Emotional maturity of medical students impacting their adult learning skills in a newly established public medical school at the east coast of Malaysian Peninsula
Authors Bhagat V, Haque M, Bin Abu Bakar YI, Husain R, Khairi CM
Received 22 July 2016
Accepted for publication 2 September 2016
Published 14 October 2016 Volume 2016:7 Pages 575—584
Checked for plagiarism Yes
Review by Single-blind
Peer reviewer comments 3
Editor who approved publication: Dr Md Anwarul Majumder
Vidya Bhagat,1 Mainul Haque,2 Yasrul Izad Bin Abu Bakar,3 Rohayah Husain,1 Che Mat Khairi1
1The Unit of Psychological Medicine, Faculty of Medicine, Universiti Sultan Zainal Abidin, Kuala Terengganu, Terengganu, Malaysia; 2The Unit of Pharmacology, Faculty of Medicine and Defense Health, National Defense University of Malaysia, Kuala Lumpur, Malaysia; 3The Unit of Anatomy, Faculty of Medicine, Universiti Sultan Zainal Abidin, Kuala Terengganu, Terengganu, Malaysia
Abstract: Emotional maturity (EM) is defined as the ability of an individual to respond to situations, control emotions, and behave in an adult manner when dealing with others. EM is associated with adult learning skill, which is an important aspect of professional development as stated in the principles of andragogy. These principles are basically a characteristic feature of adult learning, which is defined as “the entire range of formal, non-formal, and informal learning activities that are undertaken by adults after an initial education and training, which result in the acquisition of new knowledge and skills”. The purpose of this study is to find out the influence of EM on adult learning among Years I and II medical students of Universiti Sultan Zainal Abidin (UniSZA). The study population included preclinical medical students of UniSZA from Years I and II of the academic session 2015/2016. The convenient sampling technique was used to select the sample. Data were collected using “EM scale” to evaluate emotional level and adult learning scale to assess the adult learning scores. Out of 120 questionnaires, only six response sheets were not complete and the remaining 114 (95%) were complete. Among the study participants, 23.7% (27) and 76.3% (87) were males and females, respectively. The data were then compiled and analyzed using SPSS Version 22. The Pearson’s correlation method was used to find the significance of their association. The results revealed a significant correlation between EM and adult learning scores (r=0.40, p<0.001). Thus, the study result supports the prediction, and based on the current findings, it can be concluded that there is a significant correlation between EM and adult learning and it has an effect on the students. Medical faculty members should give more emphasis on these aspects to produce health professionals. Henceforward, researchers can expect with optimism that the country will create more rational medical doctors.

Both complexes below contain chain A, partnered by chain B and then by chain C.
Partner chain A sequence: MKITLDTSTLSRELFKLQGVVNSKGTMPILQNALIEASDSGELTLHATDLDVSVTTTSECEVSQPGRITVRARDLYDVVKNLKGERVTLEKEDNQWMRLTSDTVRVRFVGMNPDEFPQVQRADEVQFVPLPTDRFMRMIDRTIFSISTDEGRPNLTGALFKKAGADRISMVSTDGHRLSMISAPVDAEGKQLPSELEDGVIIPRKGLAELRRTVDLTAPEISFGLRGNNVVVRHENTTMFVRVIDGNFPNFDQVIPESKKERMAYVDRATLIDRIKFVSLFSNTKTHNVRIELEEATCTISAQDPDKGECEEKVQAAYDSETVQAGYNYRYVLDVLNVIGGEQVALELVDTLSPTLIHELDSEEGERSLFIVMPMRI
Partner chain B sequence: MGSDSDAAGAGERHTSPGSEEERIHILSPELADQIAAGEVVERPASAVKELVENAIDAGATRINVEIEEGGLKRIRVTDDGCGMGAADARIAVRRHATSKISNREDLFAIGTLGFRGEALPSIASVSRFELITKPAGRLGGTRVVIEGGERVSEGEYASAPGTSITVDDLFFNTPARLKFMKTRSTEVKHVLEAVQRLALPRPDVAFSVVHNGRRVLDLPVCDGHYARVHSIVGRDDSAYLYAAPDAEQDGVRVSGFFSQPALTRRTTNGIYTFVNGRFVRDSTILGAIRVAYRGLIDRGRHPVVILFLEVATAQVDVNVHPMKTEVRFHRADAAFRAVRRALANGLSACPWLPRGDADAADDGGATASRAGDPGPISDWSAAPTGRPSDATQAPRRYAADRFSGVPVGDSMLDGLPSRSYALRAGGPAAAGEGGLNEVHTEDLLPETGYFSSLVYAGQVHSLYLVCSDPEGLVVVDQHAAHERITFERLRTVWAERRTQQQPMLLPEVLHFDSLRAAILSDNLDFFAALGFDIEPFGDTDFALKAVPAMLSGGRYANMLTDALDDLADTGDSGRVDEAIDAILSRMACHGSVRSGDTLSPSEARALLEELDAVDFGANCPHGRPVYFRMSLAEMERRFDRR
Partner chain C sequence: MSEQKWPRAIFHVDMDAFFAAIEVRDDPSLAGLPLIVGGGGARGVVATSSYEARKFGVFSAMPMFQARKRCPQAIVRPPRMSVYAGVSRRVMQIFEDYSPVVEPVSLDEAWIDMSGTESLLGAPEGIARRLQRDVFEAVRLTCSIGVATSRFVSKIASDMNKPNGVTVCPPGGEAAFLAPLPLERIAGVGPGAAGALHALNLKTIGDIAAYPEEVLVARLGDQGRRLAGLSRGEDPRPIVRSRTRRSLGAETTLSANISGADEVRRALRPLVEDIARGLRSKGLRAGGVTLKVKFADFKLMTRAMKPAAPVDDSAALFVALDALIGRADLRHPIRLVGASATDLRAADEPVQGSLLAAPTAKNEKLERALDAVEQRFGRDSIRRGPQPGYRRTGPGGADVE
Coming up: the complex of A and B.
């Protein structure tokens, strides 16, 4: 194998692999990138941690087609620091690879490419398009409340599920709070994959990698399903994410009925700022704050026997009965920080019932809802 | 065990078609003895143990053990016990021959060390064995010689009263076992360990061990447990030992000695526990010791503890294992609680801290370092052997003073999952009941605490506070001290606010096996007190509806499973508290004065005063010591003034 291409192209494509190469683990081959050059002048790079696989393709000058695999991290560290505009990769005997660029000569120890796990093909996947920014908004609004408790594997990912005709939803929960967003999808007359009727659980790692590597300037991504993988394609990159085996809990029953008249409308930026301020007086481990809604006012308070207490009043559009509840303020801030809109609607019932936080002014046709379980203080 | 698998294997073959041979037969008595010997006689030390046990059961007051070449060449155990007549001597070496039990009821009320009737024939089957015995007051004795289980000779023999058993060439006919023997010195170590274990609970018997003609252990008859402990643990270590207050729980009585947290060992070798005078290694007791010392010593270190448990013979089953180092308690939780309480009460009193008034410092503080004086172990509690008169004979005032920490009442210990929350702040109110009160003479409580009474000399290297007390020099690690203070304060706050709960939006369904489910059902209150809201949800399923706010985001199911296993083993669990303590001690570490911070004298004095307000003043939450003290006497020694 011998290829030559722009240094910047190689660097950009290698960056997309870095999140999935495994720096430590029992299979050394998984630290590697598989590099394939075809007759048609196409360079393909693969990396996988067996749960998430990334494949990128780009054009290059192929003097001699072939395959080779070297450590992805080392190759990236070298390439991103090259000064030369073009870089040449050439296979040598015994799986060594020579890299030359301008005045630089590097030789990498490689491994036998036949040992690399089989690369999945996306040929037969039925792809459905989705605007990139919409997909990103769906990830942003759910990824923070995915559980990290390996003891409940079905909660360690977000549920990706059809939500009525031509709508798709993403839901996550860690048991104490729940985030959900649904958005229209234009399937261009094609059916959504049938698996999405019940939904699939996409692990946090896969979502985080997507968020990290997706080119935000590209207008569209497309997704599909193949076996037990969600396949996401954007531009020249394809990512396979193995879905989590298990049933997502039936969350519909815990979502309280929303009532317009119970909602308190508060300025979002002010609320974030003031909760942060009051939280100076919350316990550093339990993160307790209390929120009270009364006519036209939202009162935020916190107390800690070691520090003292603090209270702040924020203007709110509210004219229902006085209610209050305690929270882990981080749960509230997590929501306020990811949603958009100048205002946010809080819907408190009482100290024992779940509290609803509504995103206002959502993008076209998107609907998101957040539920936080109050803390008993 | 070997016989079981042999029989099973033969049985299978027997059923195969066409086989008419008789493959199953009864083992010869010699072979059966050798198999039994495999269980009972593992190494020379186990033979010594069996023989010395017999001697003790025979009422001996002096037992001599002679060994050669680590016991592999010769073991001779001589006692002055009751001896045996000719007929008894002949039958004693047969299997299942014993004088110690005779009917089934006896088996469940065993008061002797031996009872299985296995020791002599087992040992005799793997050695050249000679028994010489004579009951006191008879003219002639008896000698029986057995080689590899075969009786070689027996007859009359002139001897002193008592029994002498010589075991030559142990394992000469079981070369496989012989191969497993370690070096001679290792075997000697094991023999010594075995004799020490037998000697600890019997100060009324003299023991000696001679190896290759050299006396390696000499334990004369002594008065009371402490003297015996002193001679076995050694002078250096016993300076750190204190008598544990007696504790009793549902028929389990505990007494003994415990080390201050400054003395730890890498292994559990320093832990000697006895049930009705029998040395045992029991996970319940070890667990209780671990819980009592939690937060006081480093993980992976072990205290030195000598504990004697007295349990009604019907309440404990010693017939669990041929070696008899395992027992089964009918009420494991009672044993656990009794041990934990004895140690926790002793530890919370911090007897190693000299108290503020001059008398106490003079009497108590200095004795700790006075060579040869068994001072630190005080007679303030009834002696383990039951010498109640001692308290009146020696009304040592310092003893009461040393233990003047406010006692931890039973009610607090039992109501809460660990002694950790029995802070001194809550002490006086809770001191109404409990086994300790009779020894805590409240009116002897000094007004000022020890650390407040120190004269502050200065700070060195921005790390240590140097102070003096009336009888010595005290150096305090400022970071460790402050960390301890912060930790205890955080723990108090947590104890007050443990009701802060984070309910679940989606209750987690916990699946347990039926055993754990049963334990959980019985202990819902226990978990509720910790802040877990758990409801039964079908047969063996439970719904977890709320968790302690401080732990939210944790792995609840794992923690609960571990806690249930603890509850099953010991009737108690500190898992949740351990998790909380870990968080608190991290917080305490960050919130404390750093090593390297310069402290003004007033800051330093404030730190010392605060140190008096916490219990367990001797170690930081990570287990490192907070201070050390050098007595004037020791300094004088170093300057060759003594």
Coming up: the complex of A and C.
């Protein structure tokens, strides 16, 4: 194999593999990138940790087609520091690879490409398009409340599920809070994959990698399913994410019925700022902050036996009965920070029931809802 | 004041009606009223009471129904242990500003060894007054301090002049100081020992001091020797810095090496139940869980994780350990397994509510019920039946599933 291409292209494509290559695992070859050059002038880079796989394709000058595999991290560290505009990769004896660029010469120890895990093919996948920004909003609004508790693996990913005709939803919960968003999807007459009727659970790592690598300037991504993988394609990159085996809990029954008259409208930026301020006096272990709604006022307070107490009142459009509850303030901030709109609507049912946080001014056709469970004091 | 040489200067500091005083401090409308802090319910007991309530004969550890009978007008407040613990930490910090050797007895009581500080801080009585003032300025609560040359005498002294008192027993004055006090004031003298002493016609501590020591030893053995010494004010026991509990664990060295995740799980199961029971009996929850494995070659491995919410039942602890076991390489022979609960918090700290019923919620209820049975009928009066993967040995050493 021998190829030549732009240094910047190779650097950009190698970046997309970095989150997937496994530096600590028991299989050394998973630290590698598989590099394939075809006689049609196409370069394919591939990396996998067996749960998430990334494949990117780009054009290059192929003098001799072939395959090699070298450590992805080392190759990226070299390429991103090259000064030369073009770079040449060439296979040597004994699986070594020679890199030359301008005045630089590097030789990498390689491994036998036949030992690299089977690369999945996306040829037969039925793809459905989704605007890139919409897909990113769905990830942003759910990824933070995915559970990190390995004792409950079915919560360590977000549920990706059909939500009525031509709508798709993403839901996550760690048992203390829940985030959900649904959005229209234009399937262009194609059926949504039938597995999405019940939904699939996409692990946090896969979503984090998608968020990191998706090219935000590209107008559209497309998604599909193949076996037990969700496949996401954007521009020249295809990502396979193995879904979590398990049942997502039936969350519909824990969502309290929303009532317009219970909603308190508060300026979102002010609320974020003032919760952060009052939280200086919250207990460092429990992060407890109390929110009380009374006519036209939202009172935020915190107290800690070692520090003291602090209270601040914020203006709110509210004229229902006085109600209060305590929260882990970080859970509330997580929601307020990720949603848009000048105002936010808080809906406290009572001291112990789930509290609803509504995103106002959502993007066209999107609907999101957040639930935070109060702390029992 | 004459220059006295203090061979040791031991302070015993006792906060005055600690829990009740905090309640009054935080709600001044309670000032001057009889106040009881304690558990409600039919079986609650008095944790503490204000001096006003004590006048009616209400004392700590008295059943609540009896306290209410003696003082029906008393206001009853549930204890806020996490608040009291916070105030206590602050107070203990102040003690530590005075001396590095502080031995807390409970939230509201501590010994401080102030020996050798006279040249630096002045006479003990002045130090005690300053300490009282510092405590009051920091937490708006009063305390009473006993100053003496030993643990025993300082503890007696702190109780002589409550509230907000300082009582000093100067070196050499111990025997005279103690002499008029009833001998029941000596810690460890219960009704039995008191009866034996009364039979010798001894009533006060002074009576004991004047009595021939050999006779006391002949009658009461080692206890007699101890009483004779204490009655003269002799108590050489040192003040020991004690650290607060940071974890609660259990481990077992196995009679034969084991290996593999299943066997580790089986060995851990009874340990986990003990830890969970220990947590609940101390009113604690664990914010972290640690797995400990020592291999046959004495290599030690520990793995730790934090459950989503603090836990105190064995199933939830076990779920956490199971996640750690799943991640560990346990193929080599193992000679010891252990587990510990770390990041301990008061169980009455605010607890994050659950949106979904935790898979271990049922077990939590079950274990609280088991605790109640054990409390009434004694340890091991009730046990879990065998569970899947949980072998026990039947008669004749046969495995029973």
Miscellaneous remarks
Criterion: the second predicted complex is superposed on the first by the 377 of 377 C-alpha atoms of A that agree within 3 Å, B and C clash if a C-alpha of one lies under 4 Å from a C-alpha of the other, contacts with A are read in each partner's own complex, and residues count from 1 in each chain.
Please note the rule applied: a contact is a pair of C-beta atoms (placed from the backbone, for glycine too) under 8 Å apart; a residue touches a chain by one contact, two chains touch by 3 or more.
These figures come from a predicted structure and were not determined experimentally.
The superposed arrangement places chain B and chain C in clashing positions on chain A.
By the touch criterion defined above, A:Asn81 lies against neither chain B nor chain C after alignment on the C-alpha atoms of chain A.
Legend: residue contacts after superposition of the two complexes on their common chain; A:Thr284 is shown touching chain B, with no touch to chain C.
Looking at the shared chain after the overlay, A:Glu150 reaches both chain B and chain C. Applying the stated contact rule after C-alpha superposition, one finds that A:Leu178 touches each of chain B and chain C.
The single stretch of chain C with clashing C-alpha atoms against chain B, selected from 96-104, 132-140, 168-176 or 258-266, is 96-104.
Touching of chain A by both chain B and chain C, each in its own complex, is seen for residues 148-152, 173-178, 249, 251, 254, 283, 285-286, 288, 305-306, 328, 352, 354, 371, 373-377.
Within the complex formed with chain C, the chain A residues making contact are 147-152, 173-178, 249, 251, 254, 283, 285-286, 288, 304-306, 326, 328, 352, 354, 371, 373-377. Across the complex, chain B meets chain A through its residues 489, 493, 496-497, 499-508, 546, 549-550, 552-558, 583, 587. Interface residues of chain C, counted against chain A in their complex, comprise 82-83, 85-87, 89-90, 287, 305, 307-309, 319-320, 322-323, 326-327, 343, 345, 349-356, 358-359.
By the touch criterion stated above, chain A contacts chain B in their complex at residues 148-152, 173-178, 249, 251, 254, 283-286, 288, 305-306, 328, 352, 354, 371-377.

Keywords: adult learning skill, emotional maturity, medical students, UniSZA, Malaysia
Emotional intelligence (EI) and emotional maturity (EM)
EI is the skill to recognize and accomplish one’s personal emotions and the emotions of others.1 EI is also demarcated as an ability-based skill that permits for training in precise proficiencies that can be directly useful to a particular arena.2 Emotionally intelligent people have good emotional awareness, which includes social and personal intelligence. Therefore, they have the ability to connect emotions and to think to solve problems, in managing interpersonal relationships and interactions, especially in the business and educational spheres.1,3 Consequently, emotionally intelligent people possess professional personalities needed, especially, in medical education, to ensure proper health care of any community.4 Multiple studies have recommended that medical schools are interested in developing EI in their undergraduates to ensure better health care.5–8 EI of medical students paves the way to the transition of medical students from their pedagogy to andragogy learning.2,9 Lecturers who possess and utilize EI are always in an advantageous position to communicate and resolve the educational and social problems of their students.3 Maturity is a wide-ranging term and considered as a psychological term used to specify how a person reacts to the situations or background in a suitable way. There is one more term EM that is a part of the term maturity, which means the state at which the mental and emotional capabilities of an individual are fully developed.10 Therefore, it has been suggested that it would be more reasonable to emphasize EM than EI. EM travels much more than only intelligence. EM means a “higher state of consciousness, guided by what one senses, feels, and intuits, and one’s heart”.11 EM is also defined as how well one is able to respond to situations, control emotions, and behave in an adult manner when dealing with others.12 EMs go along with the following five principles: 1) every negative emotion in a person is a consequence of his or her past experiences, 2) adults are also fixated with emotions of their childhood, 3) a person’s feelings are individualized, 4) adults being emotionally mature and childlike is a universal fact, and 5) mindfulness, attentional focus, and self-awareness are the key facts about EM.13
Adult learning theories and andragogy